Shows so far have included interviews with women who had double mastectomies, parents who have children with life-threatening diseases, and people who have found photos of themselves turned into international memes. Wolf says the interviews she finds the most satisfying are with people whose ideas will not only challenge listeners but will challenge her.
One particular interview that deeply resonated with Wolf was with a woman who is a 99-year-old, transgender, World War II fighter pilot. After her husband died and she was denied his Social Security Administration benefits because she is transgender, she fought and won a case that changed the policies for other trans people moving forward.
“She told me, ‘It doesn’t matter. I’m not male, I’m not female, I’m a pilot,’” Wolf says of the woman. “There’s this tension of just wanting to be acknowledged for who you are, while at the same time, part of who you are is really important to point out, and I love that tension.”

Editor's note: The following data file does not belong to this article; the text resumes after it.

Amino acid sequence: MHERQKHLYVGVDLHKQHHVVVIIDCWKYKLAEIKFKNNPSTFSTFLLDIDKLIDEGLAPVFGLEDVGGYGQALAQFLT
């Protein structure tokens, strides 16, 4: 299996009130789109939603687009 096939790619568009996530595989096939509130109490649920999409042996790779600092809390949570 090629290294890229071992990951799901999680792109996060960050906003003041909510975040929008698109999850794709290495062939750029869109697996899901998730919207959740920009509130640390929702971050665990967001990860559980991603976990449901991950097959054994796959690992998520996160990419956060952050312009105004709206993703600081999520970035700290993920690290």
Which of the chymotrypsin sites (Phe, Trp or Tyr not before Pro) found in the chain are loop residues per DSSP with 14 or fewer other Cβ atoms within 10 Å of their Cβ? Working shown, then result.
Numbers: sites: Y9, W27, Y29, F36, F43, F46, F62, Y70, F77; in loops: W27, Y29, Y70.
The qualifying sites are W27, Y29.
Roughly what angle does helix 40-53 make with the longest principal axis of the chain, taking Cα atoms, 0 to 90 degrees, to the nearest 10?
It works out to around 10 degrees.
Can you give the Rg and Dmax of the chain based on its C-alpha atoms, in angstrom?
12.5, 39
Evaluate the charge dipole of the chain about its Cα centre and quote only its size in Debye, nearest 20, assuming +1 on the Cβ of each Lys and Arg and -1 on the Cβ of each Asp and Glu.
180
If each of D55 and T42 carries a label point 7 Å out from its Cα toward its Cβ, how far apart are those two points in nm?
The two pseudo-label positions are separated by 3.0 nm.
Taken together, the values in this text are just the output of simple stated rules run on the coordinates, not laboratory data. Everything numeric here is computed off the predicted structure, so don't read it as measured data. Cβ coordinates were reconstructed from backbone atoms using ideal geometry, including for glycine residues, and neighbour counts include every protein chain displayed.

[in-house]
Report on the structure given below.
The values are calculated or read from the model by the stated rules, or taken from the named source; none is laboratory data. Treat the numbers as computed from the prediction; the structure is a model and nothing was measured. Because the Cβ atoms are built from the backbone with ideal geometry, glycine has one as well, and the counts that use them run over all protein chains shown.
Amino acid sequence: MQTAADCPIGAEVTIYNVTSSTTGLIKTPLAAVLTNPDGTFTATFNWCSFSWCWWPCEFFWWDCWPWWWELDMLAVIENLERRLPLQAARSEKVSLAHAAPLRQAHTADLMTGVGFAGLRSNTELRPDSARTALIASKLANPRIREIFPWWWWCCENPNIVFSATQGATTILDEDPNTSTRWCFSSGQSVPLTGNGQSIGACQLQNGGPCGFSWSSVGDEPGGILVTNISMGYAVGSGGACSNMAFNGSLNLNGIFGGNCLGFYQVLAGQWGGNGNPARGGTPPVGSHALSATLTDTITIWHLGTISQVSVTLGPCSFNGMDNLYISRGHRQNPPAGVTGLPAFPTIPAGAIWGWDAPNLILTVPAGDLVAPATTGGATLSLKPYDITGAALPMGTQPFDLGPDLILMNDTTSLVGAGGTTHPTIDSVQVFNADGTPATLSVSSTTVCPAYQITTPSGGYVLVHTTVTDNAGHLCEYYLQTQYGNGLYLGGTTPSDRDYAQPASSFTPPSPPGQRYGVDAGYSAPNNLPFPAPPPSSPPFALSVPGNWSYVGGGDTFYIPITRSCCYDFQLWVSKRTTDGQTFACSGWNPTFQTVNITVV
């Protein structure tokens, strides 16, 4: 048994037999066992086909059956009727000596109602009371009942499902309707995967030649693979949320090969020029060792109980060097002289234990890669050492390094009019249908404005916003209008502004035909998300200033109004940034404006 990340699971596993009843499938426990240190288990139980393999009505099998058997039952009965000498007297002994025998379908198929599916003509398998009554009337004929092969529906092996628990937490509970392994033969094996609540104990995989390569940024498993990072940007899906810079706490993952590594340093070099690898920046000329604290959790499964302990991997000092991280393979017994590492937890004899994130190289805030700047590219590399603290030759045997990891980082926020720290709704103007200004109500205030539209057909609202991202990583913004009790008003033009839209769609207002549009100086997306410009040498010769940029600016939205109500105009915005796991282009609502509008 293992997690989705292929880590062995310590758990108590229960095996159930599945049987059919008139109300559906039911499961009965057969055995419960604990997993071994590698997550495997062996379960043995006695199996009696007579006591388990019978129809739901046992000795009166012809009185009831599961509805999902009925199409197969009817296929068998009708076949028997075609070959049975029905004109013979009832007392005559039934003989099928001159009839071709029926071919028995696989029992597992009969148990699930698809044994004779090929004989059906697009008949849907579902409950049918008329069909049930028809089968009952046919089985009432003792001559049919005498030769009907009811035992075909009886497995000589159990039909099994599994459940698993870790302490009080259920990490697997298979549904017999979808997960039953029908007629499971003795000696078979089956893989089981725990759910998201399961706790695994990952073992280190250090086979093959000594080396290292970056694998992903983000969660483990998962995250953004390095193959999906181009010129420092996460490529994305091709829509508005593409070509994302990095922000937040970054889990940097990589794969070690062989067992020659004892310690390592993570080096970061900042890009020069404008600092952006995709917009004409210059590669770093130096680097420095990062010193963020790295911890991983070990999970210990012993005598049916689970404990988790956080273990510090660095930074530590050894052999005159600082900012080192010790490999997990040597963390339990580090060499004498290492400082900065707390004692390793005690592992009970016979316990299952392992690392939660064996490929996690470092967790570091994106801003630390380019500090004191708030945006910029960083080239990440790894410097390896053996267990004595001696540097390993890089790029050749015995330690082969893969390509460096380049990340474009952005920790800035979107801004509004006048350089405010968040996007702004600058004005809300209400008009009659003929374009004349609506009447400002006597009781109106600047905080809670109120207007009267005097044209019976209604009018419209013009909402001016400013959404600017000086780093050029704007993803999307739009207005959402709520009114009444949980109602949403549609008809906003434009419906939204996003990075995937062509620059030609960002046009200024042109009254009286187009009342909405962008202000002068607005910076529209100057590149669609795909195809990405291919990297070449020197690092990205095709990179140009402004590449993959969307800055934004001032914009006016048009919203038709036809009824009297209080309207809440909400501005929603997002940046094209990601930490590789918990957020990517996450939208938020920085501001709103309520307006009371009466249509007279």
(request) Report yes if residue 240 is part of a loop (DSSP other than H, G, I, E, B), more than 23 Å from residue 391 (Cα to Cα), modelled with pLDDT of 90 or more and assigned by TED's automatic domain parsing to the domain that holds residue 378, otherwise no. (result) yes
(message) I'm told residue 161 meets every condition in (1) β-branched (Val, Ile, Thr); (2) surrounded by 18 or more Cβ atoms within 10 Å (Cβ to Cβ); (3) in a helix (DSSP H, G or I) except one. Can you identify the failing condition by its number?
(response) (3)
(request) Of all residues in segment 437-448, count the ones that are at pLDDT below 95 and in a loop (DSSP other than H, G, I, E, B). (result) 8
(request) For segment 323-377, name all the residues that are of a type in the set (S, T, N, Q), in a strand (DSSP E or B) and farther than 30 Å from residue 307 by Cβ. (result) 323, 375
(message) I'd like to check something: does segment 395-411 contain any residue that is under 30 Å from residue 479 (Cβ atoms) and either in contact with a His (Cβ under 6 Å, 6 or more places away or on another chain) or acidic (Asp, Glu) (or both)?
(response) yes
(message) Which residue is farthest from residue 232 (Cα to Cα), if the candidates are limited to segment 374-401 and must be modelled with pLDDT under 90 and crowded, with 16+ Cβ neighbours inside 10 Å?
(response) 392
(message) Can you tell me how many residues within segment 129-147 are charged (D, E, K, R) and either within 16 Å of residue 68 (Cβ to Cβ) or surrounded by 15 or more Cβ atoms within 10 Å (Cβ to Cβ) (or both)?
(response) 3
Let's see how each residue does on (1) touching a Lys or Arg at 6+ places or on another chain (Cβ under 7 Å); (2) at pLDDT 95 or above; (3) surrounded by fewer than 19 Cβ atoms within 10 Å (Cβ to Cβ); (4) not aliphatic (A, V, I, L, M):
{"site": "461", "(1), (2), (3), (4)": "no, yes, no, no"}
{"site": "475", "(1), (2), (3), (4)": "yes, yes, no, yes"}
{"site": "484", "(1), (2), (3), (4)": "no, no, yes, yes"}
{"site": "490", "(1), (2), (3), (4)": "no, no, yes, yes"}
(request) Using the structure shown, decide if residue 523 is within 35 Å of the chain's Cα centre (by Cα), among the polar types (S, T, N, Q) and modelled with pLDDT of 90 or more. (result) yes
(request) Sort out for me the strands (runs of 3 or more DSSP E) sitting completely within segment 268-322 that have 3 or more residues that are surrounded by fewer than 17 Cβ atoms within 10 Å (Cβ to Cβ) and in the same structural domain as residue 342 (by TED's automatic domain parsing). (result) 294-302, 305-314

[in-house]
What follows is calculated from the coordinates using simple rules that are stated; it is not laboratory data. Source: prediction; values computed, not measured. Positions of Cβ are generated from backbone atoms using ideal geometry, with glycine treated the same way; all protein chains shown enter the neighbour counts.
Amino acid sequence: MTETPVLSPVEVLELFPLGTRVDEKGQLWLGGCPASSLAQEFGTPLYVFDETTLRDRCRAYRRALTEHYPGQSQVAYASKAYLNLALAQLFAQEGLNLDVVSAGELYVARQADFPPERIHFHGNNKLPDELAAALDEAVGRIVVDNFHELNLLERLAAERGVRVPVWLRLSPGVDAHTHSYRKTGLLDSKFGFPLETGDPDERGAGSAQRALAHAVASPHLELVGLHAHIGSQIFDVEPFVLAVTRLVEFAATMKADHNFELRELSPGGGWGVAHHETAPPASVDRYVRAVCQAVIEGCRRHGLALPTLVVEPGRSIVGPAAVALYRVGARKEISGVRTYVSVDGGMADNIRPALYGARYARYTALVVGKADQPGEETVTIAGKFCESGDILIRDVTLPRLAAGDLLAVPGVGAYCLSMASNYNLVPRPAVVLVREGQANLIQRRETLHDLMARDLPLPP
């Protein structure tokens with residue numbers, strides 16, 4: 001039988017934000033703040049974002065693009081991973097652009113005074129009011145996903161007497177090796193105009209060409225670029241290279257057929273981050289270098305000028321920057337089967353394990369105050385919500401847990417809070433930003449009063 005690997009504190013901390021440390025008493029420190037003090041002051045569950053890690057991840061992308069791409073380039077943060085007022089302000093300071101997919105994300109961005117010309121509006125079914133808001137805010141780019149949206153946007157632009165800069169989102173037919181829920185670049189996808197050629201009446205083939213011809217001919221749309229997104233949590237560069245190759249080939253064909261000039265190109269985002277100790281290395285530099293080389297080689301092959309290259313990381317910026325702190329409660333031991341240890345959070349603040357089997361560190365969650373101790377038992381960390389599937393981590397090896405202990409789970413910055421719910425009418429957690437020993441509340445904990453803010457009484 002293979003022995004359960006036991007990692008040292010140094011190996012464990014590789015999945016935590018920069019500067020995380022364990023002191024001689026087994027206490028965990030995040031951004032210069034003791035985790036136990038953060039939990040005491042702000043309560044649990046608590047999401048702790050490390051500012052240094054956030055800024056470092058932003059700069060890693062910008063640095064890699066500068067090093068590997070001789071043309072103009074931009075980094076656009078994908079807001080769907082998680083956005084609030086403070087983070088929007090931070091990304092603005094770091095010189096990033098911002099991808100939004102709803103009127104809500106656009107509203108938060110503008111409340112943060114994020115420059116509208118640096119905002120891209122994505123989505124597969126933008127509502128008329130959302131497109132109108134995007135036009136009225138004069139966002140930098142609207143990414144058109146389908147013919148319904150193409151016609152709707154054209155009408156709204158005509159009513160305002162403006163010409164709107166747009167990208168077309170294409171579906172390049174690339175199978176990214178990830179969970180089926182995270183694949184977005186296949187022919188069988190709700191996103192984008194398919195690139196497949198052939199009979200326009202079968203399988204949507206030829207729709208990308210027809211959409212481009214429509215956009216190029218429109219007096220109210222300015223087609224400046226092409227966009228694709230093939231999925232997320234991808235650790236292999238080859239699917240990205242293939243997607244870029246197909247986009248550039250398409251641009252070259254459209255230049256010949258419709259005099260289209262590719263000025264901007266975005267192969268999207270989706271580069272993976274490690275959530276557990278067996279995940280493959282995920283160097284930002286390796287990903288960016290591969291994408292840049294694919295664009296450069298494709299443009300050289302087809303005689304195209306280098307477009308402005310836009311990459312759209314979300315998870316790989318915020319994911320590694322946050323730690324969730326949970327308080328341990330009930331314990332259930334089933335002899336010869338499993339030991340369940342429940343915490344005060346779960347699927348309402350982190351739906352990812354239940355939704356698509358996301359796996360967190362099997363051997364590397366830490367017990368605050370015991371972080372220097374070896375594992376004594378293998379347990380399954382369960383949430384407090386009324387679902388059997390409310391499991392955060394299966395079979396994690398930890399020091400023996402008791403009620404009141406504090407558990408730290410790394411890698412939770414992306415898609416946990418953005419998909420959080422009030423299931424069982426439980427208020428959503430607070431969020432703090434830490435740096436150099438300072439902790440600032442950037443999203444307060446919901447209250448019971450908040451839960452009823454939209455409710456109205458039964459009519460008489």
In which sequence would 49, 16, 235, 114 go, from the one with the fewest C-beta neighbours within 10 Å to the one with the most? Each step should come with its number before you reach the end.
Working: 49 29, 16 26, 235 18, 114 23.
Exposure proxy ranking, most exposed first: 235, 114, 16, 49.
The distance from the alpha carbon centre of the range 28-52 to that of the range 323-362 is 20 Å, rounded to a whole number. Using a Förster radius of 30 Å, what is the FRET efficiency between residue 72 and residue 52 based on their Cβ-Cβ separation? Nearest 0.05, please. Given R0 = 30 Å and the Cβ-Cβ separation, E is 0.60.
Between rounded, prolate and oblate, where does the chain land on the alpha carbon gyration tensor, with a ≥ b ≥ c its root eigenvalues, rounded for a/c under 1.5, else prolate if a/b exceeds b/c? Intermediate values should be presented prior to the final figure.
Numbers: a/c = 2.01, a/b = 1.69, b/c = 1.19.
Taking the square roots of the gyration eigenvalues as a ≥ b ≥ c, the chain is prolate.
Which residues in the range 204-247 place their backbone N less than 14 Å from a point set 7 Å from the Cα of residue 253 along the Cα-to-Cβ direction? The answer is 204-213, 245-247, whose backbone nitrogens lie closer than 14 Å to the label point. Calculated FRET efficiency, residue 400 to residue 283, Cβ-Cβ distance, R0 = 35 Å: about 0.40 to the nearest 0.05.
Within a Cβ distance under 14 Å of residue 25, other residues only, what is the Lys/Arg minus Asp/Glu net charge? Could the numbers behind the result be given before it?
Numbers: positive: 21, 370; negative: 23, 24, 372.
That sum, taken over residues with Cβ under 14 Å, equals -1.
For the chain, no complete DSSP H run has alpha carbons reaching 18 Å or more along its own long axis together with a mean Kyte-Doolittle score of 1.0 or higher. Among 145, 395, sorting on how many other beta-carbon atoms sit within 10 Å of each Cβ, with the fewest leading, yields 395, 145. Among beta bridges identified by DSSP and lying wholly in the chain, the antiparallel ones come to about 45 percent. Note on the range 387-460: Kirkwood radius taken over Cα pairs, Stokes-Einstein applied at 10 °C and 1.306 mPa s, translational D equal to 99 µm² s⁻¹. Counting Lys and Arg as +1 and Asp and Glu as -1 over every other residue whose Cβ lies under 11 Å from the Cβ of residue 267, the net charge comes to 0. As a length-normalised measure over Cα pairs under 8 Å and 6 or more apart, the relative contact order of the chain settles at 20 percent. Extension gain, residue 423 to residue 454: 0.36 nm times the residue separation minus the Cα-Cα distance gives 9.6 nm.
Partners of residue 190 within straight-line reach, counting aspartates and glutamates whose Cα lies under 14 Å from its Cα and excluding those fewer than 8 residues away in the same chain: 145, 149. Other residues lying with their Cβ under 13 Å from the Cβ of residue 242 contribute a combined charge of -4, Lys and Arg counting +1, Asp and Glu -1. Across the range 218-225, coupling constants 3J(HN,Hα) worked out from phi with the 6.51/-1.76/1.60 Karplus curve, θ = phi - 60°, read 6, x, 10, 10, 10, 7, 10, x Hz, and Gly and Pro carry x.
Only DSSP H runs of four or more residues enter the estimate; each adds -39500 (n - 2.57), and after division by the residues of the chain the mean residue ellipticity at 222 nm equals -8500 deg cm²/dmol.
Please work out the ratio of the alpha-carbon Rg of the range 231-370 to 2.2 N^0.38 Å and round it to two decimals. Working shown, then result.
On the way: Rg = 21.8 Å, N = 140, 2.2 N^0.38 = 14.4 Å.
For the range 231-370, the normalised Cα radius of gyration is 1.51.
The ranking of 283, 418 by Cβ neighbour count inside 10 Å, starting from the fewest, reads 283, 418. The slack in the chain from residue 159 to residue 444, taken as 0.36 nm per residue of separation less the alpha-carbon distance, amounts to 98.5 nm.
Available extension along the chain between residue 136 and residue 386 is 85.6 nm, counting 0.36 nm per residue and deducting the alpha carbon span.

That tension is one that Wolf experienced throughout her own life since coming out at the age of 16.
“I remember saying to my mom that it’s not everything about me,” she says. “And I also didn’t know, and still don’t have a label for me. I know I’m not straight. I know I’m not totally gay either. I don’t know what the name for it is.”
With that came the fear that her future accomplishments may be marred by a label of her sexual orientation, and she still sometimes feels that tension to this day.
“I do remember feeling worried that I would be Chion, the lesbian fill-in-the-blank,” she says. “But that tension is, inevitably, in all of us, recognizing that we are all so much more than this one thing, but this one thing is important, too.”
Wolf says she is grateful to live in a community wherein she does not feel as though her sexual orientation is the defining part of her life, and she feels free to continue thriving in her home in Hartford where she lives with her wife, Emily Petersen, whom she married in October 2020.